Marquette University Police Department (Open 24/7)
    749 N. 16th Street
    Milwaukee, WI 53233
    Emergency Phone: (414) 288-1911
    Non-Emergency Phone: (414) 288-6800

    Title IX Coordinators
    The individuals listed below make up Marquette’s Title IX team. The Title IX Coordinator is the designated agent of the University responsible for overseeing University policy, procedures and compliance with Title IX legislation, regulation and case law. The Title IX Coordinator shall document all reports of incidents of sexual harassment.

    The Deputy Title IX Coordinators work with the Title IX Coordinator and may act on her behalf when so designated. Additionally, the Deputy Coordinators serve as persons to whom reports or complaints may be reported, and can investigate complaints. Reports to Marquette’s Title IX Coordinator and Deputy Title IX Coordinators may be made via email, phone or in person as set forth below:

    Title IX Coordinator
    Christine Harris Taylor
    Office of Student Affairs
    AMU 437
    (414) 288-3151

    Deputy Title IX Coordinators representing the following (4) areas:

    Division of Student Affairs
    Cara Brook Hardin, J.D.
    Deputy Title IX Coordinator
    Office of Student Affairs
    AMU 437
    (414) 288-1742

    Office of the Provost
    William Welburn, Ph.D.
    Associate Provost for Diversity & Inclusion
    Deputy Title IX Coordinator
    Office of the Provost
    Zilber Hall 454D
    (414) 288-8028

    Human Resources
    Lynn Mellantine
    Assistant Vice President
    Deputy Title IX Coordinator
    Human Resources
    Straz Tower, 185
    (414) 288-3430

    Intercollegiate Athletics
    Sarah Bobert — Intercollegiate Athletics
    Senior Associate Athletics Director
    Senior Women’s Administrator
    Deputy Title IX Coordinator
    Al McGuire Center 223G
    (414) 288-5253

  4. In order to make informed choices, it is important to be aware of confidentiality and mandatory reporting requirements when consulting campus resources. On campus, some resources may maintain confidentiality, meaning they are not required to report actual or suspected Prohibited Conduct to other University officials, thereby offering options and advice without any obligation to inform an outside agency or individual unless you have requested information to be shared. Other resources must take action when you report an alleged violation to them. The following describes the confidential reporting options (additional confidential and non-confidential resources found in Appendix B):

    On-Campus Confidential Reporting Options:

    Counseling Center
    Holthusen Hall, 204
    (414) 288-7172

    Marquette University Medical Clinic
    Schroeder Complex, Lower Level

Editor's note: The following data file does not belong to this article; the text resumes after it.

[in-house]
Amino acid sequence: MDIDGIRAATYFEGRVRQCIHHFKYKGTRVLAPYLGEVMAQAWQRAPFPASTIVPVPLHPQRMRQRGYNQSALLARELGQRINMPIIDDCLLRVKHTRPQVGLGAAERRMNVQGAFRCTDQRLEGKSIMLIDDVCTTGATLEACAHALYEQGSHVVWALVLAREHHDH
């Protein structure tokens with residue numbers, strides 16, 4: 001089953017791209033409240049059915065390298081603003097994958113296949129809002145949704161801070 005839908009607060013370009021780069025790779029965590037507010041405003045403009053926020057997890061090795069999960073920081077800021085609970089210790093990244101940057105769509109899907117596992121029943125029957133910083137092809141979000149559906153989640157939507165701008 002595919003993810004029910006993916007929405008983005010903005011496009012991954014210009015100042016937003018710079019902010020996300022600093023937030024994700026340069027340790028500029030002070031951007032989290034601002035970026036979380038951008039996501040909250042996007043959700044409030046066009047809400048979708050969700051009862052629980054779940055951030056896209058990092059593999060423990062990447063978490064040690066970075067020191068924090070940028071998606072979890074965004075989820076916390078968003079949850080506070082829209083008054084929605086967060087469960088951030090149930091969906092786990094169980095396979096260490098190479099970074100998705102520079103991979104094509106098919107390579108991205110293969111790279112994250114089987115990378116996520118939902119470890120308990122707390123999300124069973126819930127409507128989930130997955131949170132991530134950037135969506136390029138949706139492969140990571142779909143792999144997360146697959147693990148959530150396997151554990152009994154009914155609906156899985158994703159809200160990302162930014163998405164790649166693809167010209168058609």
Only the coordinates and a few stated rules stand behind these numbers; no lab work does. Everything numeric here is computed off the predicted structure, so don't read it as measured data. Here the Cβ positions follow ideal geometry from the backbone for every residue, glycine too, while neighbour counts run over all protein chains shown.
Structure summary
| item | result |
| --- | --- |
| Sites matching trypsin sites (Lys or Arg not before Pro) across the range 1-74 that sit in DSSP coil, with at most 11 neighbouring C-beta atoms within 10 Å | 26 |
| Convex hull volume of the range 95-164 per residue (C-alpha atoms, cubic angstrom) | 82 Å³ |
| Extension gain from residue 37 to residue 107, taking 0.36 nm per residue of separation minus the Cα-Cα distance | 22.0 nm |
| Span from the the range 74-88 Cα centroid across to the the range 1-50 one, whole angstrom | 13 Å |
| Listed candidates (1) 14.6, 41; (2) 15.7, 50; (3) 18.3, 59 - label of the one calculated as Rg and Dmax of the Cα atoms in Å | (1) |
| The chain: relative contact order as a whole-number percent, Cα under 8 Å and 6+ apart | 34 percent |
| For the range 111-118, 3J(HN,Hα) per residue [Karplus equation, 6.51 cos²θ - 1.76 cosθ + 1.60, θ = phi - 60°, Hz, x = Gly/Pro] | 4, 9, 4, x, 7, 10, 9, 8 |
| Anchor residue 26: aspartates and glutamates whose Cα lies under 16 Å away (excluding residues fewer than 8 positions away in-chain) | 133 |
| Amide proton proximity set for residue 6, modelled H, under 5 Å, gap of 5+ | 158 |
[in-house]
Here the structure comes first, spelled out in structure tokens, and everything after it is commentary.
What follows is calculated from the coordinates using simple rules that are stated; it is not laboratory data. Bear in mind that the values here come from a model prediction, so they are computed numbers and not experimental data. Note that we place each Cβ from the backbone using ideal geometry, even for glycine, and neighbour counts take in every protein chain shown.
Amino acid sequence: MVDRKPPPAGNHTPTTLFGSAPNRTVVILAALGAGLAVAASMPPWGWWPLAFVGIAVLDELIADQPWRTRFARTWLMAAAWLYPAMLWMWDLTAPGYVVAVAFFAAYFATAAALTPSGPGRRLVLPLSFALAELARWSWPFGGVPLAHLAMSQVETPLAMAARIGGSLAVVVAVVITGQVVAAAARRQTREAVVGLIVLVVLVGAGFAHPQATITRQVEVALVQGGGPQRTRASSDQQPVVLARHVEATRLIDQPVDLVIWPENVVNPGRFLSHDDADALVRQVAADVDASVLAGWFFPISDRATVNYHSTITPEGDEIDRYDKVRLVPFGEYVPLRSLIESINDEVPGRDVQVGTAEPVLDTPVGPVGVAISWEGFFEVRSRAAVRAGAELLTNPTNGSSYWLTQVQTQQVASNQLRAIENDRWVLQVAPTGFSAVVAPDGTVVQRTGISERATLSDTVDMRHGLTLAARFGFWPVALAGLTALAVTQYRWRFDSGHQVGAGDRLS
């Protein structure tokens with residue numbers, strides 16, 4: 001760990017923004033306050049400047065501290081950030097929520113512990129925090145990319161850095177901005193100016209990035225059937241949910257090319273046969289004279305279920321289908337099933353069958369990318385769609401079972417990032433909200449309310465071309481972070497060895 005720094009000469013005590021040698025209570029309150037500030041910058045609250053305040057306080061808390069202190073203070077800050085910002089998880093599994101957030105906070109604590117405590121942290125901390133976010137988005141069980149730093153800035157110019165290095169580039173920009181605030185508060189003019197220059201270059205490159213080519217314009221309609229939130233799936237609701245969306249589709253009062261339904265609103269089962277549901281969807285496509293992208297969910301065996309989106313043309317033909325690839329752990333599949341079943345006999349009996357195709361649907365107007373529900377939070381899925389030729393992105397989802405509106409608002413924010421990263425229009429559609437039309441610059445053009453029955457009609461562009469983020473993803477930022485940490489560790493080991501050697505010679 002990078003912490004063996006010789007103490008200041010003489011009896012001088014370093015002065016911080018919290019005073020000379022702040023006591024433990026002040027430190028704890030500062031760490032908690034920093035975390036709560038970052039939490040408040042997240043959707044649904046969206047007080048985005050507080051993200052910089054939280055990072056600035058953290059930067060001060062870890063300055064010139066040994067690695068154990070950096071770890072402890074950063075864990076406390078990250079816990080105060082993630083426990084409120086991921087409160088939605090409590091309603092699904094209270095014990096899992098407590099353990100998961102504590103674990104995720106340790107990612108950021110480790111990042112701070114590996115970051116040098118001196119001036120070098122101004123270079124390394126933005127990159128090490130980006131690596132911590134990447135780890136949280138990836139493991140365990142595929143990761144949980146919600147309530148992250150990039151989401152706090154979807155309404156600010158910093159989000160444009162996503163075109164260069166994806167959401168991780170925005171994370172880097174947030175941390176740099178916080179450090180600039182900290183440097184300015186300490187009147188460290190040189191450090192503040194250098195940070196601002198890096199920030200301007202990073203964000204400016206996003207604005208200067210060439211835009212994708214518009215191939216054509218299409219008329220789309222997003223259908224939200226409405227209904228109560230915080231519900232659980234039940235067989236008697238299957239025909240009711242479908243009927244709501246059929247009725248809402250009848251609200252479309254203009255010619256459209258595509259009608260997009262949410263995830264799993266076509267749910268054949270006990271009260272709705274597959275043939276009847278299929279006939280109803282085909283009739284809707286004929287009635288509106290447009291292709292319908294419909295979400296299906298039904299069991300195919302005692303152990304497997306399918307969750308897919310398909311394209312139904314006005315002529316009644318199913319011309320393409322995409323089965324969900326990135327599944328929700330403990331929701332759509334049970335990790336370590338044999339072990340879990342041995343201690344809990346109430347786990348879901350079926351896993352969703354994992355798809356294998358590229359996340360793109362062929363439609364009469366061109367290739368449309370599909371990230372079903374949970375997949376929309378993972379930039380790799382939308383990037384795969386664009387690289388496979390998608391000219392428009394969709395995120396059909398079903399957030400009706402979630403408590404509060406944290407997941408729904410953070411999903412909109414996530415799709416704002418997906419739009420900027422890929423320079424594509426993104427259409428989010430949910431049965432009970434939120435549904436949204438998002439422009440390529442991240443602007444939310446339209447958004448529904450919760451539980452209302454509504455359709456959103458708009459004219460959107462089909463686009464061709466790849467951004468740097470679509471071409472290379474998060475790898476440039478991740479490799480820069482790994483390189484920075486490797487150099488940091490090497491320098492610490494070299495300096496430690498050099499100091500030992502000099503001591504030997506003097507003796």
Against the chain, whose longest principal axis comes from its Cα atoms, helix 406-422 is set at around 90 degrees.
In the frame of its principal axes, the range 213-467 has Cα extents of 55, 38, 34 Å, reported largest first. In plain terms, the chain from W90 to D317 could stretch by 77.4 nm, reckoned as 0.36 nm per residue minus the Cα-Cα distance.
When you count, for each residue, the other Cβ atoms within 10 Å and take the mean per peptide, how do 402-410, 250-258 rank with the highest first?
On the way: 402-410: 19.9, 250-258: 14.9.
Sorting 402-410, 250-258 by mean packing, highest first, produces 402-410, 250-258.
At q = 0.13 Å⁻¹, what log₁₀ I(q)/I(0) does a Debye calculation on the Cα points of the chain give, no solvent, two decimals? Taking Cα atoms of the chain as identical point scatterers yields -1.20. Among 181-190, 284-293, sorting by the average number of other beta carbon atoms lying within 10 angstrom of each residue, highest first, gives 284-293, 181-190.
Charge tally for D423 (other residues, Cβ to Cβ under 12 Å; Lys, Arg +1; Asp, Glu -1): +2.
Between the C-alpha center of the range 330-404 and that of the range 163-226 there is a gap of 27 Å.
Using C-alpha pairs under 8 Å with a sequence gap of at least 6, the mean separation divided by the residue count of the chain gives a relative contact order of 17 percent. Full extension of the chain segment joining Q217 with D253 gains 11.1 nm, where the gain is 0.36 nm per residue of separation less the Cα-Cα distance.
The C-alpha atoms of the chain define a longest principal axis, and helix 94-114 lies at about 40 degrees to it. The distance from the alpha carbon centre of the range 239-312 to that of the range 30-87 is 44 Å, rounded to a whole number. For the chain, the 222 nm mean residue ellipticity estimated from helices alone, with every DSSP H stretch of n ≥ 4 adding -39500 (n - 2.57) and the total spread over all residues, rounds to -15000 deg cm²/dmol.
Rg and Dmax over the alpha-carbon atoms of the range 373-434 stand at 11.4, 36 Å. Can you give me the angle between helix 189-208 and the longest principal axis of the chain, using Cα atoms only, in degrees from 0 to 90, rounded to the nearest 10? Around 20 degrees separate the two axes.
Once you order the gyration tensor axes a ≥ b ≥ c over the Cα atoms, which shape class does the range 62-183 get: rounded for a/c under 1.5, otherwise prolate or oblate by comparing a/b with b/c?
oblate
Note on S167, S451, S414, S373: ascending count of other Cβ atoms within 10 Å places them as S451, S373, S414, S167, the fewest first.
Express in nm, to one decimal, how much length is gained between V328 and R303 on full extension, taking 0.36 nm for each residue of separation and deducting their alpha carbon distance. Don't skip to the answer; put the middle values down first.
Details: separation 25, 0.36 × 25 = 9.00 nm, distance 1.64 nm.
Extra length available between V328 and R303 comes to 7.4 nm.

(414) 288-7184

    Ordained clergy are also considered to be a confidential reporting option, when providing pastoral counseling in their role as a priest.

    Off-Campus Confidential Reporting Options:

    Sexual Assault Treatment Center
    Aurora Sinai Medical Center
    945 N. 12th Street
    Milwaukee, WI 53233
    (414) 219-5555

    The Healing Center
    130 W. Bruce Street, #400
    Milwaukee, WI 53204
    (414) 671-4325

    Aurora Employee Assistance Program
    (800) 236-3231

    All of the above resources will maintain confidentiality except in extreme cases of immediate threat or danger, or abuse of a minor.

  6. Marquette University Victim Advocate
    A Victim Advocate is available on campus to provide support and assistance in the decision-making process to those affected by sexual violence, including sexual assault, relationship violence and stalking. Services are free and confidential, to the extent allowed by law and university policy. Generally, the information you provide will not be shared with your instructors or deans. The advocate will assist you in making a report to the MUPD. The Victim Advocate is available during regular Marquette office hours:

    Regular Hours:
    Victim Advocate
    8:30 a.m. – 4:30 p.m.
    Phone: (414) 288-5244

    After Hours:
    Contact MUPD and they will contact the advocate
    Emergency Phone: (414) 288-1911
    Non-Emergency Phone: (414) 288-6800

    All University employees who observe acts of sexual harassment are required to intervene to stop the harassment, unless circumstances would make such intervention dangerous, and must document and report all such incidents to the Title IX Coordinator, Deputy Title IX Coordinator(s) and/or MUPD.


  2. The Title IX Coordinator and Deputy Title IX Coordinators may serve as an investigator and are trained in Title IX, all aspects of the complaint process, and can serve in any of the following roles:

    1. To provide sensitive intake of complaints.
    2. To investigate complaints, write reports with findings, conclusions and determination for discipline.

    All persons serving as investigators have received annual training approved by the Title IX Coordinator, including a review of University policies and procedures, so that they are able to perform thorough, impartial investigations and provide accurate information to members of the University community.